Moore, Marianne. The Poems of Marianne Moore. Ed. Grace Schulman. New York: Penguin, 2003.
One of Marianne Moore's most famous poems, "Poetry," underwent radical revision over the course of its publication history, appearing first in Alfred Kreymborg's little magazine Others at thirty lines, in the spacing standard for Moore's syllabic poems. When the poem appears for the fifth time in the second edition of Moore's first volume of poetry, Observations, the lines hug the left margin and thirteen of them remain. Tinkering with the poem her entire life, the last authorized version appears in the 1967 Complete Poems and takes up a mere three lines. In between the poem swelled and shrank, complicating the question of whether any version ought to be considered authortative. Given that "Poetry" falls within the subgenre of the ars poetica, an account of quotation in Moore's poetics owes special attention to the quotations that appear in this poem. According to Moore's endnotes, "Poetry" quotes at least Tolstoy and Yeats, the latter of which would have fallen outside the public domain. Moore acknowledges Yeats, but she also rewrites him, leaving the status of the acknowledgement unclear.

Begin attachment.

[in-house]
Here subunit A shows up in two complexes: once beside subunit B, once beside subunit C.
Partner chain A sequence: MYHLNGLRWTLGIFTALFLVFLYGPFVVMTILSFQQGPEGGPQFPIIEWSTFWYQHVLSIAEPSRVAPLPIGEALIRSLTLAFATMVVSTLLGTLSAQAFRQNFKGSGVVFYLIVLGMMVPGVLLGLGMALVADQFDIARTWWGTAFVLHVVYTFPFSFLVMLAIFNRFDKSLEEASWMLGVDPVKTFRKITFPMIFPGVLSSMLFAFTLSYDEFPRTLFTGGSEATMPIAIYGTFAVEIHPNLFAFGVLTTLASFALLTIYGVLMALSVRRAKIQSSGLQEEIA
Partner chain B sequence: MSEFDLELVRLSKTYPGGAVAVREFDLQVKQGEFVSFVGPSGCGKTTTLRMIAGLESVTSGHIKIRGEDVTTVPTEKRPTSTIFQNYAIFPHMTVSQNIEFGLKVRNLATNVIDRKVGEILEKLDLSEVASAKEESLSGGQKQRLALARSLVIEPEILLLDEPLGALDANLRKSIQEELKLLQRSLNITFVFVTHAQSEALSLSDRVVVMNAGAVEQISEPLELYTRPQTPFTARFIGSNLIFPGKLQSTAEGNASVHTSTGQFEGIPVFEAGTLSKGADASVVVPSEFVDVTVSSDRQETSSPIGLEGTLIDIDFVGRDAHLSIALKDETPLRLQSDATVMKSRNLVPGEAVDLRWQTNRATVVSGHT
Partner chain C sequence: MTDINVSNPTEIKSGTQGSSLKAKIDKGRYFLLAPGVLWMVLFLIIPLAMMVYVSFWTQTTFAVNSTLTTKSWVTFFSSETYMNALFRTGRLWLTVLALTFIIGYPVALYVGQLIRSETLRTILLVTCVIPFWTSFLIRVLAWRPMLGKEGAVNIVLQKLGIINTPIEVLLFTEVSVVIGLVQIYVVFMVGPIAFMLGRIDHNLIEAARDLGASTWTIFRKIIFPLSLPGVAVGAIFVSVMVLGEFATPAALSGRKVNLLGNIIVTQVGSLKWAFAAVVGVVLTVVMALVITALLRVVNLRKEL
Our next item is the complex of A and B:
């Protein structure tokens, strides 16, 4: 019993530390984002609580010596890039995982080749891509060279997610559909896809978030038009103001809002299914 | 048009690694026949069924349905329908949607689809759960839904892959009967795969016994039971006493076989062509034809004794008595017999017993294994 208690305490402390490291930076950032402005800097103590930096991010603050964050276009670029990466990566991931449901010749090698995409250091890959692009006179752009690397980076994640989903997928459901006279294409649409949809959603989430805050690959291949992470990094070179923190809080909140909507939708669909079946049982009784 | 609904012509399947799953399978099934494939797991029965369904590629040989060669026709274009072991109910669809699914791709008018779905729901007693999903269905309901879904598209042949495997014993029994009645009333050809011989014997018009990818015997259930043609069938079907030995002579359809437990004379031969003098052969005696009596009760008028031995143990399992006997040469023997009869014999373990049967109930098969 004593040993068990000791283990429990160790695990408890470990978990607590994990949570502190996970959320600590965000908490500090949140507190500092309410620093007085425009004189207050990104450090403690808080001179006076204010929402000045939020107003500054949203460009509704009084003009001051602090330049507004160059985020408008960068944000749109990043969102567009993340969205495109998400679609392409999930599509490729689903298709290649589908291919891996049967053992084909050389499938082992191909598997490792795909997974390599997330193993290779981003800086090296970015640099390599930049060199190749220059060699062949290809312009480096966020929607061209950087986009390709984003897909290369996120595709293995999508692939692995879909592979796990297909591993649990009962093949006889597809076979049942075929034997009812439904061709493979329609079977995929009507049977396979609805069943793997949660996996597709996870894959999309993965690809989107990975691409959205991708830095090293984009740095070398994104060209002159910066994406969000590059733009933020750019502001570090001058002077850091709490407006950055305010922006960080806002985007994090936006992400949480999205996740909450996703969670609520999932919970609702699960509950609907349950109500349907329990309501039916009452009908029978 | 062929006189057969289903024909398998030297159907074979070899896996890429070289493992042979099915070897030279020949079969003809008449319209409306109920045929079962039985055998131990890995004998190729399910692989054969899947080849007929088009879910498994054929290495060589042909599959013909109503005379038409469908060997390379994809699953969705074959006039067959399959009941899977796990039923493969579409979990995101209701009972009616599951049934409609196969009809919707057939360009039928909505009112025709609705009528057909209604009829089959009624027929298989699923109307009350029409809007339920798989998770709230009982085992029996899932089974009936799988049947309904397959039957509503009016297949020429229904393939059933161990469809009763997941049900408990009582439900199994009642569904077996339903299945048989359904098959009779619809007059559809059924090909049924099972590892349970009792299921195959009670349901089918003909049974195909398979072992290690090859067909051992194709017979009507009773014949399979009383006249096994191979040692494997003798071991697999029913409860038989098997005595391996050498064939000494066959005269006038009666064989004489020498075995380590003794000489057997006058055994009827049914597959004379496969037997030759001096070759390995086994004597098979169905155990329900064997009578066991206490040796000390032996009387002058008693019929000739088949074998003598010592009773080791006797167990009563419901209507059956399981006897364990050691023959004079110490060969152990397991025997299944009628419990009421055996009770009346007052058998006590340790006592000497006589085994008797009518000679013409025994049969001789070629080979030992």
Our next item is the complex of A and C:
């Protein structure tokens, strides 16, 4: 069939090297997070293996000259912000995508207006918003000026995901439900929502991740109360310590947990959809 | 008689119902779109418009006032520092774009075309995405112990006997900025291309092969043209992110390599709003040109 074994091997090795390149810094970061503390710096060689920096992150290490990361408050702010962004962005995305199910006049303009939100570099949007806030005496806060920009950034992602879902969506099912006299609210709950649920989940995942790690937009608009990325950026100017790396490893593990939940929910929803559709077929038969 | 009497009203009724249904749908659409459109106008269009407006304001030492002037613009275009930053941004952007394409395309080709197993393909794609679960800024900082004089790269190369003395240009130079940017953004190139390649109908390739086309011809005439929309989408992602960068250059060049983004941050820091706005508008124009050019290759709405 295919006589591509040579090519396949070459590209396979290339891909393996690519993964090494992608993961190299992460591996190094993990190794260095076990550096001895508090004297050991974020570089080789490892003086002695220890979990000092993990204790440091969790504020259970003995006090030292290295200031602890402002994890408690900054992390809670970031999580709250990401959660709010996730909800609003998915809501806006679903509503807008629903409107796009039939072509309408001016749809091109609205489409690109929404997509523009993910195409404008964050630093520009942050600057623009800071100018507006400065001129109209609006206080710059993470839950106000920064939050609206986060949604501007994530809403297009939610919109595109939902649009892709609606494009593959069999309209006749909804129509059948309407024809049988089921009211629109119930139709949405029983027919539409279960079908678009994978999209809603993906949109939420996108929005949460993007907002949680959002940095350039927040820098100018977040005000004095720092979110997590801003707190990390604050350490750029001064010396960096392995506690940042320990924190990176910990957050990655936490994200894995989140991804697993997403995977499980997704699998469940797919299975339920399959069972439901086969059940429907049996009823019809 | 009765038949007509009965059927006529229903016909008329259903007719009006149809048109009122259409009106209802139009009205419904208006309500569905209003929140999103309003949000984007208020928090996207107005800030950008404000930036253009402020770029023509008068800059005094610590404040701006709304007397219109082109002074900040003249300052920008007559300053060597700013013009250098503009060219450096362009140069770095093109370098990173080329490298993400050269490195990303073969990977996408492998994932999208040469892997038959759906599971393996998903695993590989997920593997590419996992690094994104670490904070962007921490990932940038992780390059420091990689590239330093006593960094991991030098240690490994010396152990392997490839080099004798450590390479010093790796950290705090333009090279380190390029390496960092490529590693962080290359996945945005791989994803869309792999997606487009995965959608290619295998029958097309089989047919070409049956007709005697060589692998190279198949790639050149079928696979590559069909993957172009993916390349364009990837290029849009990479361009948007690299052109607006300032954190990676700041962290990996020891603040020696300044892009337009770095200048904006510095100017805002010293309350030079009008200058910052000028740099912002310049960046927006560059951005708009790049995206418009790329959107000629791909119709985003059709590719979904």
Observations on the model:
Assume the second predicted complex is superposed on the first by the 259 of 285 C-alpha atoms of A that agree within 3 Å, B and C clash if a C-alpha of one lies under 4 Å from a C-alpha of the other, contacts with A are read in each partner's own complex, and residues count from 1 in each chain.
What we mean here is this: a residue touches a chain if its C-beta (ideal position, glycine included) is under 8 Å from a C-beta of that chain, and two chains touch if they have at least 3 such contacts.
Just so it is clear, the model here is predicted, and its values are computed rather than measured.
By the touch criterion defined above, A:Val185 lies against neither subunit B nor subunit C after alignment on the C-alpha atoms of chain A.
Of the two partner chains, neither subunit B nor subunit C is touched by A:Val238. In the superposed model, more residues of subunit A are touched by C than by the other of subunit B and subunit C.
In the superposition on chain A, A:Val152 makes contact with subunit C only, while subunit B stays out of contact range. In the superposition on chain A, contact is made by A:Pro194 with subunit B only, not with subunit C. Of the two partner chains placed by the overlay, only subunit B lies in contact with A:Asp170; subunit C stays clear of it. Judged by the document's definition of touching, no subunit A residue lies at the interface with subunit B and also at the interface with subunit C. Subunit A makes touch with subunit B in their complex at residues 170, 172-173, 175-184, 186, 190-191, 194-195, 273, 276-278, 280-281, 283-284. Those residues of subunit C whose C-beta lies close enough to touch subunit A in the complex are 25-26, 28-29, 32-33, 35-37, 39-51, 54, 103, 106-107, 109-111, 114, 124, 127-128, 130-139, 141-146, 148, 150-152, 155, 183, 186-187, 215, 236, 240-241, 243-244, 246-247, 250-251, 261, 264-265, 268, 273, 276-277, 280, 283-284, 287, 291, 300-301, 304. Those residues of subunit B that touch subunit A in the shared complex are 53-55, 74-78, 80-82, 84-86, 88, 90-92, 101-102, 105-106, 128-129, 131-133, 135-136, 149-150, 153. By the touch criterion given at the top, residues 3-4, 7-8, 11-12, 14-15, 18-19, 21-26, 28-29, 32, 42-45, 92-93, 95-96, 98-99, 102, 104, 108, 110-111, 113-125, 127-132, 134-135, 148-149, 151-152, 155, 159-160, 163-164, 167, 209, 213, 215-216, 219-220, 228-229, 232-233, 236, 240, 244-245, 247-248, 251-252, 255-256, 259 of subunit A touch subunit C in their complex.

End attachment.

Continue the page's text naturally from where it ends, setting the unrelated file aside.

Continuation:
The poem's most enduring phrase - "imaginary gardens with real toads / in them" - serves two important roles. First, it models what poetry can offer. Second, the phrase acquires quotation marks when it appears in Moore's Collected Poems, prompting the reader to identify it as an unattributed quotation. How does the poem justify Moore's acts of quotation? Might it also justify mis- and unattributed quotations? And how are these three types of quotation akin to sampling? An examination of one of Moore's most quotation-heavy poems, "The Octopus," reveals the same strange vacillation between acknowledgement and submergence. Moore often quotes for the felicity of the expression, rather than the idea expressed - how did she imagine quotation, and why did she represent the practice so eccentrically?